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Doomstar by Edmond Hamilton

As I have mentioned elsewhere, sci-fi pulpmaster Edmond Hamilton, during the early decades of his career, destroyed so many planets in his stories that he managed to acquire for himself the nickname “World Wrecker.” But in his final novel, Doomstar, the destruction of a mere planet seemed to be small potatoes for the Ohio-born author, and nothing less than the death — or, in this case, the poisoning — of a solar body would suffice! Doomstar was initially released as a 50-cent Belmont paperback in January 1966, almost 40 years after Hamilton’s first story had appeared in Weird Tales magazine. (I was fortunate enough to acquire the 1969 Belmont paperback, also with a cover price of 50 cents.) Hamilton was 62 when he... Read More

City At World’s End: Going Vegan

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City At World’s End by Edmond Hamilton

Written near the dawn of the Cold War era and soon after mankind first became aware of the fearful possibilities of the atom bomb, City at World’s End yet remains both highly readable and grippingly entertaining today, more than 65 years after its initial appearance. Edmond Hamilton’s book initially as a “complete novel” in the July 1950 issue of the pulp magazine Starling Stories, was released in hardcover the following year, and, in ’53, appeared again in the pages of Galaxy. (Personally, I just finished reading the 35-cent Crest Giant paperback from 1957.) Hamilton, who was already 46 when he wrote this tale, had been a published author since 1926, and already had countless hundreds of short stories, novellas and n... Read More

The Return of Doctor X: Citizen Quesne

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The Return of Doctor X directed by Vincent Sherman

As a result of his breakthrough role as Duke Mantee in the 1936 gem The Petrified Forest, Humphrey Bogart made no fewer than 25 films for Warner Brothers over the course of the next four years: five in 1936, seven (!) in 1937, six in 1938 and another whopping seven in 1939! Talk about paying your dues! For the most part, Bogart was second or even third billed — and even lower — in these films, typically playing gangsters but also some very unlikely roles, and these from the man who, just a few years later still, would be the highest paid actor in Hollywood. But of all the unusual roles that the great Bogart ever essayed, it is the part of Marshall Quesne (pronounced "Kane") in The Return of Doctor X that just might be his strangest. Bogart would go on to claim that this film, along with 1938's Swing Your Lady, was his absolute wor... Read More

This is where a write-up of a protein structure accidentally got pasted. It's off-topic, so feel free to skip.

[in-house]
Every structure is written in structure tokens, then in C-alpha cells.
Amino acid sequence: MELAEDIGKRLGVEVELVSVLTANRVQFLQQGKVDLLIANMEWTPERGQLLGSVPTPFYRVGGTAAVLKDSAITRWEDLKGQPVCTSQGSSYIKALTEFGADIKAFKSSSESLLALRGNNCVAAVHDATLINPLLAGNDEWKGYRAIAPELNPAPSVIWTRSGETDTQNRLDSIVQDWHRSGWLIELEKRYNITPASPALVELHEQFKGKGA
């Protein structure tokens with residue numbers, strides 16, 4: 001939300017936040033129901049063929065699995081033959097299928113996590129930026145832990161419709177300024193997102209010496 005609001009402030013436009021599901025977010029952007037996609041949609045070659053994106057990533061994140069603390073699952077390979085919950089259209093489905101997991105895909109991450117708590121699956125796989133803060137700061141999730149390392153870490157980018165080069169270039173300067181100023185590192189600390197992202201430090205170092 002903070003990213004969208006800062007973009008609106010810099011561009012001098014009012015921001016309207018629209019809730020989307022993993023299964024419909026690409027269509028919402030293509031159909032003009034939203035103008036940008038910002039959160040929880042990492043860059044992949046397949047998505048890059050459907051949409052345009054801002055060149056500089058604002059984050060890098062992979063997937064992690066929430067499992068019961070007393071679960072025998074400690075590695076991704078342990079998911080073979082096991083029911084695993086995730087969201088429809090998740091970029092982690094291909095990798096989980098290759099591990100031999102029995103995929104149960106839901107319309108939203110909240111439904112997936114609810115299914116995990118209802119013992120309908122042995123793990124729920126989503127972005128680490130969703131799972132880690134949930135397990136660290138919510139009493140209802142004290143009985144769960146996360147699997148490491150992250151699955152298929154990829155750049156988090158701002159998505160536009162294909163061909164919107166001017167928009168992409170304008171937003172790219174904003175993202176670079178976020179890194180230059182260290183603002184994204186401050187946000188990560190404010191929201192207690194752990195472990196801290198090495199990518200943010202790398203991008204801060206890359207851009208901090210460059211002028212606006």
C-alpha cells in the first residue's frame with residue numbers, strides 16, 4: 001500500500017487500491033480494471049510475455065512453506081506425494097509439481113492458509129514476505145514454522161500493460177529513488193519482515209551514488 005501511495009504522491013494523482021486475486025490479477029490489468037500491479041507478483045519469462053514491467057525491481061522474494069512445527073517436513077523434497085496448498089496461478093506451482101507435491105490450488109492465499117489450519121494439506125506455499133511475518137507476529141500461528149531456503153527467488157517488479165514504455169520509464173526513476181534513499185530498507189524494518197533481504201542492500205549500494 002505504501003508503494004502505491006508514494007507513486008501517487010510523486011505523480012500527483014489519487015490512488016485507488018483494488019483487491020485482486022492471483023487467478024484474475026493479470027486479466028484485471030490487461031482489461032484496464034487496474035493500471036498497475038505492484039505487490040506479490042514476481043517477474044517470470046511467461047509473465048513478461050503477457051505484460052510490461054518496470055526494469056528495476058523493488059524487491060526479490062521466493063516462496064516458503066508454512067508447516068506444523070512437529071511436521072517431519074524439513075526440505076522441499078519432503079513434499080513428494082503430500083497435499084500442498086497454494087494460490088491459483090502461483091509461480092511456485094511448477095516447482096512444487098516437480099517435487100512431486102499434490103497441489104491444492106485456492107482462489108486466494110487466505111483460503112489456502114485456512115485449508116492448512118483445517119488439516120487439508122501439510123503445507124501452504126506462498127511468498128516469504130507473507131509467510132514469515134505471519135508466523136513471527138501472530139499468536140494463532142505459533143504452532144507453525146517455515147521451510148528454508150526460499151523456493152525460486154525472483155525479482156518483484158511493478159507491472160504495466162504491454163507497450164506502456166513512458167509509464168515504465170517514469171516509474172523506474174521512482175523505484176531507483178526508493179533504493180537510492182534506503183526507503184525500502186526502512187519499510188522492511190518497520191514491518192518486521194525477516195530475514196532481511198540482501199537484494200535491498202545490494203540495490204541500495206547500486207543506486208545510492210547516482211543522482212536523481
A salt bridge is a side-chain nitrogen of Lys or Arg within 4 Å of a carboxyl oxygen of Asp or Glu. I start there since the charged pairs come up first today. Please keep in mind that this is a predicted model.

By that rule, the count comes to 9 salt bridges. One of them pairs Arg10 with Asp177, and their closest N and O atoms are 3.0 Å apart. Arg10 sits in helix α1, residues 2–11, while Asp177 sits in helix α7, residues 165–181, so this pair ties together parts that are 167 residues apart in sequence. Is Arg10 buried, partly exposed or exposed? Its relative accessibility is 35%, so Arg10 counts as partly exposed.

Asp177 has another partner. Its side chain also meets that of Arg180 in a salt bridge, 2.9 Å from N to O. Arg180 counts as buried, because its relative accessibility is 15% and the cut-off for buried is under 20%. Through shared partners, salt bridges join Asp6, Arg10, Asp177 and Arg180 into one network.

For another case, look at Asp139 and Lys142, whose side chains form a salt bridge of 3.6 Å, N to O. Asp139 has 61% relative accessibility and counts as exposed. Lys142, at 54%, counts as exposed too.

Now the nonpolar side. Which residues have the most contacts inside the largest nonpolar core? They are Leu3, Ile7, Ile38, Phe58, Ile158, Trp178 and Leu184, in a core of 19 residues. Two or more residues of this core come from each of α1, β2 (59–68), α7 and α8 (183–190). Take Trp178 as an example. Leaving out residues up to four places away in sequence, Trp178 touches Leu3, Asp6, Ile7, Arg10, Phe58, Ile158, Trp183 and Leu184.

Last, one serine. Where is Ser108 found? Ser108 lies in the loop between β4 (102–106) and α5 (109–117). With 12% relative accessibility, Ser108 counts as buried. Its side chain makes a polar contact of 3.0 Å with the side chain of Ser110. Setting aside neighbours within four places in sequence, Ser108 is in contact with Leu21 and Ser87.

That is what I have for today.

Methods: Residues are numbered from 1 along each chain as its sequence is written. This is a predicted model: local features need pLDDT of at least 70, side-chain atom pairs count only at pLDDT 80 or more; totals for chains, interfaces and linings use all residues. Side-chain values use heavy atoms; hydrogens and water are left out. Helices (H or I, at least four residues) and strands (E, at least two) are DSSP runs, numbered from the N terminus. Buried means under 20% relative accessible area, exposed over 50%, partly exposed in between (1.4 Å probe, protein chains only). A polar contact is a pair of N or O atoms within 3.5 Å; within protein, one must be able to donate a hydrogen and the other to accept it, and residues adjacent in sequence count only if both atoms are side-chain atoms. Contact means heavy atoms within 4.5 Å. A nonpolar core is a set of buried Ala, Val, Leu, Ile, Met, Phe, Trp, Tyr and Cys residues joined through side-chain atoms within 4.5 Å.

Return of the Fly: “The Thriller-Chiller That Will Really Bug You”…

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Return of the Fly directed by Edward Bernds

Sometimes, it's just NOT a good idea to continue on with your father's business. Take Philippe Delambre, for instance, in the 1959 sequel to the previous year's The Fly, the perhaps inevitably titled Return of the Fly. When we last saw Delambre, he was a little boy living near Montreal, aggrieved over his scientist father's death, a man who had been turned into a humanoid with the head of a giant fly, AND a little insect with the head of a man! When the sequel picks up, it is a good 10 years later at least, and Delambre is a young adult, attending his mother's funeral in the pouring rain along with his uncle, Francois (Vincent Price, the only actor returning from the original, and who, that same year, starred in one of this viewer's all-time favorite horror films, The Ti... Read More

The Phantom From 10,000 Leagues: More dangerous than your average sea cucumber

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The Phantom From 10,000 Leagues directed by Dan Milner

Although I really do try to keep an objective mind when it comes to my cinematic adventures, I must confess that The Phantom From 10,000 Leagues (1955) already had one strike against it, personally speaking, as I sat down to peruse it recently. I mean, how dare this picture rip off the title of one of my favorite films of all time, The Beast From 20,000 Fathoms (1953)? The fact that the esteemed Maltin's Movie Guide gives Phantom its lowest BOMB rating did not bother me overmuch (the editors there are a notoriously grumpy bunch as regards genre fare), but an attempt to overtly copy one of the greatest monster movies ever made ... not forgivable! Anyway, as it turns out, despite the negative word of mouth and blatant title riffing of a beloved classic (actually, that title is almo... Read More

The Beast of Hollow Mountain: Bring the tequila

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The Beast of Hollow Mountain directed by Edward Nassour & Ismael Rodriguez

King Kong creator Willis O'Brien had a great idea for a film in the mid-'50s: a hybrid Western and giant monster outing that would showcase the best of both genres. Working from O'Brien's story line, the film was ultimately made, with a script by Robert Hill (who would go on to pen such wonders as She Gods of Shark Reef and Sex Kittens Go to College), a co-production between the U.S. and Mexico, and the result, the 1956 wonder entitled The Beast of Hollow Mountain, has been pleasing generations of viewers ever since. Unfortunately, O'Brien himself, for some strange reason, did NOT work on the special FX for this film, as he had done on The Lost World (1925), King Kong (1933), Son of Kong (also 1933), and Mighty Joe Young (1949; the film for which O'Brien won an O... Read More

Return to the Stars: In H’Harn’s way